Should you work after retirement? Here’s what you need to know
The idea of working after retirement is considered a good thing for many people around the world. It could help supplement their retirement savings and social security (if they have one), and some may see it as a way to stay physically and mentally active.
However, even though working after retirement is seen as a good option (with benefits), it certainly doesn’t come without some drawbacks to be aware of. This Pacific Prime Latin America article discusses the pros and cons of working after retirement to help you decide what to do when you reach that ripe “golden age.”
What typically happens when you reach retirement age
In an ideal person’s working life, they would have spent the last 30 to 40 years saving away in either a private pension or investment-linked insurance plan, and contributing to their social security account through work or voluntarily. By the time of retirement, they can easily decide to put everything down, knowing that they are financially content and stable and can fulfill a different form of passion during their golden years.
Sounds good? Perhaps the above may ring true, and for some, it is, but in reality, people’s circumstances are different in that:
- Their career paths are not linear and change over time;
- They don’t have access to the best financial support or advice;
- Their burdens and personal issues may force them to make difficult financial choices in life;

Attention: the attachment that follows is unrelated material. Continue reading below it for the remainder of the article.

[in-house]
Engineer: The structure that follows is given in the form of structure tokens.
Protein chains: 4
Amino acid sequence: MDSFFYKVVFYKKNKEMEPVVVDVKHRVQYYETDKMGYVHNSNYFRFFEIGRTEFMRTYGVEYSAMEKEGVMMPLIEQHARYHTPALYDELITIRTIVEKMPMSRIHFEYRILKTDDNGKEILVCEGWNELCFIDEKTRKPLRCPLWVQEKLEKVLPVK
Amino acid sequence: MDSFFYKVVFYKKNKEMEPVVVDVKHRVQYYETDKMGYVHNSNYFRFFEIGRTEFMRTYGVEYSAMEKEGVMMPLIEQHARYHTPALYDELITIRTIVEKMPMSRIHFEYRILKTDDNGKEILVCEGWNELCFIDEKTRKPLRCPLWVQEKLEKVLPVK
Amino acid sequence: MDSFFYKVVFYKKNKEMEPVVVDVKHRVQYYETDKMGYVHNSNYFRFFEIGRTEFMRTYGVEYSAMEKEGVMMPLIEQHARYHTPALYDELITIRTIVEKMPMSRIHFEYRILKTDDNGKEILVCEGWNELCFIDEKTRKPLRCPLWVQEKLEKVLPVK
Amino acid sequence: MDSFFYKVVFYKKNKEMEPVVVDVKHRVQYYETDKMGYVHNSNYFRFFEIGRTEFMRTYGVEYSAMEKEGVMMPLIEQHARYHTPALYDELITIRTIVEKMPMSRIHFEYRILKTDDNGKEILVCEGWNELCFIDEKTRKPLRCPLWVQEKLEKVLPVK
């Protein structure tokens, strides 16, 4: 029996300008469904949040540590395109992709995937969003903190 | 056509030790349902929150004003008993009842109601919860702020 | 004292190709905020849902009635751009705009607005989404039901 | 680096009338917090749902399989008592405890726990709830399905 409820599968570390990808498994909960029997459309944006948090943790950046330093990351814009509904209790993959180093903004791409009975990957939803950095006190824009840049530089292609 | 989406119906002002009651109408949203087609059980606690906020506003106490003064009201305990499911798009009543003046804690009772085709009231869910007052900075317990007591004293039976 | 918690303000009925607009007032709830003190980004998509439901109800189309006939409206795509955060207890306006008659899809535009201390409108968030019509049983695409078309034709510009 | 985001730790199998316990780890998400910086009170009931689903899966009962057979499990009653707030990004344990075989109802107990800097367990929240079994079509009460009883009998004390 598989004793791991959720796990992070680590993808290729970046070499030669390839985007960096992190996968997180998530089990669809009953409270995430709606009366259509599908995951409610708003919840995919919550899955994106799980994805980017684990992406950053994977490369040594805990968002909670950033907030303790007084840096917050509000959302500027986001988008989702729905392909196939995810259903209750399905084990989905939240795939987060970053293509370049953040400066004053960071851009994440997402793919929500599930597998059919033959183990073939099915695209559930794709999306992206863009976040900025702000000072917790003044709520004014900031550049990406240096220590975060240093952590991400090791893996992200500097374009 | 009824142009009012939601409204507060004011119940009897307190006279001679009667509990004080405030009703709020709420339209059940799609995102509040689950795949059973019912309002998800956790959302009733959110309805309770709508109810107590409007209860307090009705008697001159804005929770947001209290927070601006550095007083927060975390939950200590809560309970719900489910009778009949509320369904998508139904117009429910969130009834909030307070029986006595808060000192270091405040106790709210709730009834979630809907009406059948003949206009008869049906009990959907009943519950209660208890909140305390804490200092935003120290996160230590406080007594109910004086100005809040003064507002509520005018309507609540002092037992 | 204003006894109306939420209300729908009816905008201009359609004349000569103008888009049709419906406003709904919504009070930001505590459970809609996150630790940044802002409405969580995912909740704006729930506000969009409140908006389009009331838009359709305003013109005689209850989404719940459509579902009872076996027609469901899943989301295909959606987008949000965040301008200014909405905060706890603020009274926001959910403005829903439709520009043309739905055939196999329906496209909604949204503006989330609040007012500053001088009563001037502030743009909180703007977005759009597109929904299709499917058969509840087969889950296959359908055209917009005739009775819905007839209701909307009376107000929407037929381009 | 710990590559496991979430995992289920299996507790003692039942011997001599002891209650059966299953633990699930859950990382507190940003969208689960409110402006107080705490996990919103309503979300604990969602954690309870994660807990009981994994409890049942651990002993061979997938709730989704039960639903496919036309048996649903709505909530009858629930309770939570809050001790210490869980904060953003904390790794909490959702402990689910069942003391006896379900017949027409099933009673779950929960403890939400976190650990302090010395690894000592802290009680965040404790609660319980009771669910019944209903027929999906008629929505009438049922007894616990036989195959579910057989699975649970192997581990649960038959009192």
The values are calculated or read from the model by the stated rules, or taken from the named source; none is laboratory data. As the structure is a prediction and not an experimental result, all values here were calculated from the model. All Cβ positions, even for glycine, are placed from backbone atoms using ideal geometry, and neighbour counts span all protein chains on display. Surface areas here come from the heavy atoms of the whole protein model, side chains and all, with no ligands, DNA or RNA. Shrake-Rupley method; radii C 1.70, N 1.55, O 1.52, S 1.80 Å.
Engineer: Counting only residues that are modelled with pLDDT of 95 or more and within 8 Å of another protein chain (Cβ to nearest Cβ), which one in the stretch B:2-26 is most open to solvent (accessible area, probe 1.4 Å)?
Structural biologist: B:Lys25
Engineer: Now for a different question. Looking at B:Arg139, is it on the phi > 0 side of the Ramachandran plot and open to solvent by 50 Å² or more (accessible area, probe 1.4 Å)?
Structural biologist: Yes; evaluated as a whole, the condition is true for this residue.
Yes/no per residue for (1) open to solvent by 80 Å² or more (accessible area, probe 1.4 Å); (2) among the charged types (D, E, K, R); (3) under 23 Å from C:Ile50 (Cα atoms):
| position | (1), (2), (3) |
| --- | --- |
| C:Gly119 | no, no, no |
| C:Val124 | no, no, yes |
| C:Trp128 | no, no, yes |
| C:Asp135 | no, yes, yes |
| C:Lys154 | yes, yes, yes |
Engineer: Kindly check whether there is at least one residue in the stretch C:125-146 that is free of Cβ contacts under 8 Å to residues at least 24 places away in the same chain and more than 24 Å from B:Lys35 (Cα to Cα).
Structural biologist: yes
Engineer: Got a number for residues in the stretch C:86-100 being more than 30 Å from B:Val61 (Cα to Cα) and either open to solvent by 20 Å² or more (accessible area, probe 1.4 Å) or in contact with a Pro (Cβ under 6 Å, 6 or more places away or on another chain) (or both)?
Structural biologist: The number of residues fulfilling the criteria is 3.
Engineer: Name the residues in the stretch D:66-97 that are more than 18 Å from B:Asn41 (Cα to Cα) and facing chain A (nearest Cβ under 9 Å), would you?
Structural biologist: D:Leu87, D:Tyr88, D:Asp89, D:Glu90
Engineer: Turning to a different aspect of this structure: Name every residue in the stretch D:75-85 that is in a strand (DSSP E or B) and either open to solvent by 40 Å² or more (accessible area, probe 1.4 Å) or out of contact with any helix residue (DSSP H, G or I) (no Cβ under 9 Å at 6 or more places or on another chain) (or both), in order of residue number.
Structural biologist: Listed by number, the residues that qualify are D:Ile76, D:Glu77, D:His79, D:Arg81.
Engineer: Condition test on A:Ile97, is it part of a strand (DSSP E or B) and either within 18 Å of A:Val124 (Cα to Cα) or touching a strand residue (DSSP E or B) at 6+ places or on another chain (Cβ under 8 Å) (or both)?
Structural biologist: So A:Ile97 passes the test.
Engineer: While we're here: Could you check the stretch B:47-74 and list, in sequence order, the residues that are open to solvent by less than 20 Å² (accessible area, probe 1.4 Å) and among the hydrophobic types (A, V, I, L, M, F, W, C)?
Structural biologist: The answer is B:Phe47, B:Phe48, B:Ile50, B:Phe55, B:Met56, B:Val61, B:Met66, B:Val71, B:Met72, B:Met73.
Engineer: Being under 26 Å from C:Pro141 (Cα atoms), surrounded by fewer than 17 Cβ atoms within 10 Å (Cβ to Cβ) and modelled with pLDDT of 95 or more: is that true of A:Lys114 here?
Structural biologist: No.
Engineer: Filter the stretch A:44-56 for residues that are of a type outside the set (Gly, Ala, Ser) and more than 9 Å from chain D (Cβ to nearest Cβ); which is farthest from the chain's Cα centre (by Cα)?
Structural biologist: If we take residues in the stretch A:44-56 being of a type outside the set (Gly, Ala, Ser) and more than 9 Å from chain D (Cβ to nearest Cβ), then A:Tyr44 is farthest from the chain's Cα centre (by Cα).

- And more.
So, upon retiring, people may need more savings or are not at a stage in life to live comfortably, and so have no choice but to continue working past retirement. And if you find yourself in the same shoes, let’s help you by covering the pros and cons of working after retirement below.
The benefits of working in retirement
There are several benefits to working after retirement. Here are some to mention:
1. A lovely addition to your savings
“Approximately 40% of retired Americans rely exclusively on Social Security benefits in retirement.” – Benefits Pro
Whether or not you have sufficient savings depends on the choices you’ve made or the circumstances you’re in, but it is always good to know that working longer can increase the money available and bump up whatever savings you currently have.
Get support from your employer
Nowadays, financial security is what most employees insist employers provide as part of their employee wellness strategies. So if you are still working and intend to continue working into your retirement years, then speak to your manager or HR professional about getting support for financial planning. There may be options available through a well-designed employee benefits plan that can strengthen your financial base and enable you to save better.
What can employers do to help?
Employers can consider the following 3 financial wellness tips to support employees who experience financial difficulties:
- Connect with employees to understand their financial concerns and offer workshops to discuss financial matters.
- Provide the right financial wellness benefits from day one, especially those that appeal to every cohort – young or old.
- Invest in a well-rounded financial wellness program to empower employees to make the right financial decisions. Learn more here.
Get in touch with Pacific Prime Latin America for more tips and suggestions!
2. Better overall health
“Working later in life may be beneficial for some but have adverse effects for individuals in high-demand or low-reward jobs.” – PsyPost
Provided you enjoy your work and do not experience stress that can lead to burnout in the work you do after retirement, then you could be looking at better overall health. Here’s why: